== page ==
HHS’ Office of the Inspector General (OIG) released an updated list of its Active Work Plan Items reflective of OIG’s audits, evaluations, and inspections that are underway or planned in determination of providers’ compliance with temporary authorities during the COVID-19 public health emergency. The newly-announced items include:
– Audit of Health Resources and Services Administration’s COVID-19 Uninsured Program. HHS’ OIG will determine whether COVID-19 testing and treatment services reimbursed by the HRSA COVID-19 Uninsured Program complied with federal requirements. HHS expects to issue its resulting report this fiscal year (FY 2021).
HHS Secretary Azar extended the public health emergency (PHE) declaration, which was set to expire on October 22, through January 20. The PHE, in conjunction with the President’s National Emergency Declaration, authorizes Section 1135 waivers, and several other statutory and regulatory flexibilities related to COVID-19 are tied to the PHE.
HRSA published updated data regarding providers that received reimbursement from the HRSA COVID-19 Uninsured Program and agreed to HHS’s terms and conditions. As of September 24, $445.3 million has been paid for testing claims and $824.8 million for treatment claims.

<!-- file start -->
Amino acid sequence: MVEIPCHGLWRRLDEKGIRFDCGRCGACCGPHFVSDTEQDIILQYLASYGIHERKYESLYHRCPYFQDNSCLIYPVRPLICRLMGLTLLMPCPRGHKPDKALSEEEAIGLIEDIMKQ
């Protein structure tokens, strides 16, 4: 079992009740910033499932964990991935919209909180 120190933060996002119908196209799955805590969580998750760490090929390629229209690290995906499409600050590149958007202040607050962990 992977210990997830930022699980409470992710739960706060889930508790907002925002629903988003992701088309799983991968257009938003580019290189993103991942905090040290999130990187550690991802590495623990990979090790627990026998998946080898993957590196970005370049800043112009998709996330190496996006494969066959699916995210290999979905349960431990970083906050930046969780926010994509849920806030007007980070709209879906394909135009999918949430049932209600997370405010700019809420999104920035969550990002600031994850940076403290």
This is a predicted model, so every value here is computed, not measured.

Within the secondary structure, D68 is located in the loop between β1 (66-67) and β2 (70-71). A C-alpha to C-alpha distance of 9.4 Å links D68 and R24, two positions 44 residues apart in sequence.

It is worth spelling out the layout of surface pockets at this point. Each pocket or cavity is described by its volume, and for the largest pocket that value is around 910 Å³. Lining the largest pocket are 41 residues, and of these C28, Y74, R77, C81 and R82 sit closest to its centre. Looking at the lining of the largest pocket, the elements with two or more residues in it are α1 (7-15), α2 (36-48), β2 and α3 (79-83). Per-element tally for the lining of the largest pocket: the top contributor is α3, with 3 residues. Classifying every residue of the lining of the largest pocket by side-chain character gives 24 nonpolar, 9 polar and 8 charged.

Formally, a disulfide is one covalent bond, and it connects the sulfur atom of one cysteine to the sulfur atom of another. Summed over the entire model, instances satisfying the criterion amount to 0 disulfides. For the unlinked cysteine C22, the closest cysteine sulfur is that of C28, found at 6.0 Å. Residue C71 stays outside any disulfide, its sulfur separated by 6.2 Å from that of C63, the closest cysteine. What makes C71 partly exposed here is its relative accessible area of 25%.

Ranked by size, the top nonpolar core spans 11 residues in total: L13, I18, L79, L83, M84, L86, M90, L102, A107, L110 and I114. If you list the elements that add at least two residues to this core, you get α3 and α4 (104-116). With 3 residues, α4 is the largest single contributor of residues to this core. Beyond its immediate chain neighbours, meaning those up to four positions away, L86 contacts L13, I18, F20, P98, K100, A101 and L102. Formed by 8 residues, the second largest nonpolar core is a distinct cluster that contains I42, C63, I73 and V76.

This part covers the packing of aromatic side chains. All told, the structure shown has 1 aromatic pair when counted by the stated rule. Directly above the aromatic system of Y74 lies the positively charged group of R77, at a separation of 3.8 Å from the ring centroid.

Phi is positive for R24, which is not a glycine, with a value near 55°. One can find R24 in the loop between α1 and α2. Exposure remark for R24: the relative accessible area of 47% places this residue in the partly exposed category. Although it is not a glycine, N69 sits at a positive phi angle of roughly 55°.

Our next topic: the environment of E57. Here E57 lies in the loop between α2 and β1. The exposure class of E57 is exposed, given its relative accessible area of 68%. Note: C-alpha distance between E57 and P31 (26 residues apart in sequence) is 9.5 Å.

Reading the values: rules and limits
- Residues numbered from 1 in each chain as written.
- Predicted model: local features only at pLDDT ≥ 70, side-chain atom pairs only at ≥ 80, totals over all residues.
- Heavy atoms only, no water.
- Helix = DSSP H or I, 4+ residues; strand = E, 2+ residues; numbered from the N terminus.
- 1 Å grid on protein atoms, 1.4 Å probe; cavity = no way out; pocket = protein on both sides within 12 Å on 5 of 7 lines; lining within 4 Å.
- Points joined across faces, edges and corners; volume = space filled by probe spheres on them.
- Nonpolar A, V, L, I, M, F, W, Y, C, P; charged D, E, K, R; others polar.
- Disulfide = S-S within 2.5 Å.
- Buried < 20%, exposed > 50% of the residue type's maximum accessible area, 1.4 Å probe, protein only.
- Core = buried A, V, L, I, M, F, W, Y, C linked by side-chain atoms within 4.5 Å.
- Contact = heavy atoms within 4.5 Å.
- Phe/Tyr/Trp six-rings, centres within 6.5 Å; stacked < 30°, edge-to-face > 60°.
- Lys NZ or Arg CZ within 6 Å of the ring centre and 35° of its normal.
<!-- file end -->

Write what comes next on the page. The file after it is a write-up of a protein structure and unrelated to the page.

A new open enrollment landscape created by the continued health and economic impacts of the COVID-19 pandemic, a national movement calling for racial justice, and the concurrent timing of a presidential election year is raising new challenges for states as they plan outreach and enrollment campaigns. Marketplaces are reimagining their campaign strategies to meet this moment, with plans to operationalize virtual activities, communicate with new and existing audiences, and reflect changing consumer behaviors in their outreach tactics. This expert perspective highlights strategies from SHVS’ 2-part webinar series on preparing for OEP 2021 and features several strategies states can pursue to help ensure a successful open enrollment period this year.
The IRS issued interim guidance that states that the Treasury Department and the IRS have determined that the optional Medicaid COVID-19 testing group (under section 6004(a)(3) of the Families First Coronavirus Response Act is not minimum essential coverage (MEC). Therefore:- Individuals who are enrolled in the optional COVID-19 testing group can enroll in a Qualified Health Plan (QHP) and receive APTCs. However, their enrollment in a QHP would mean that the individual would no longer be eligible for the optional COVID-19 testing group. – When the optional COVID-19 testing group expires at the conclusion of the public health emergency (PHE), those individual who were enrolled in the group will not be eligible for a special enrollment period as a result of losing Medicaid coverage.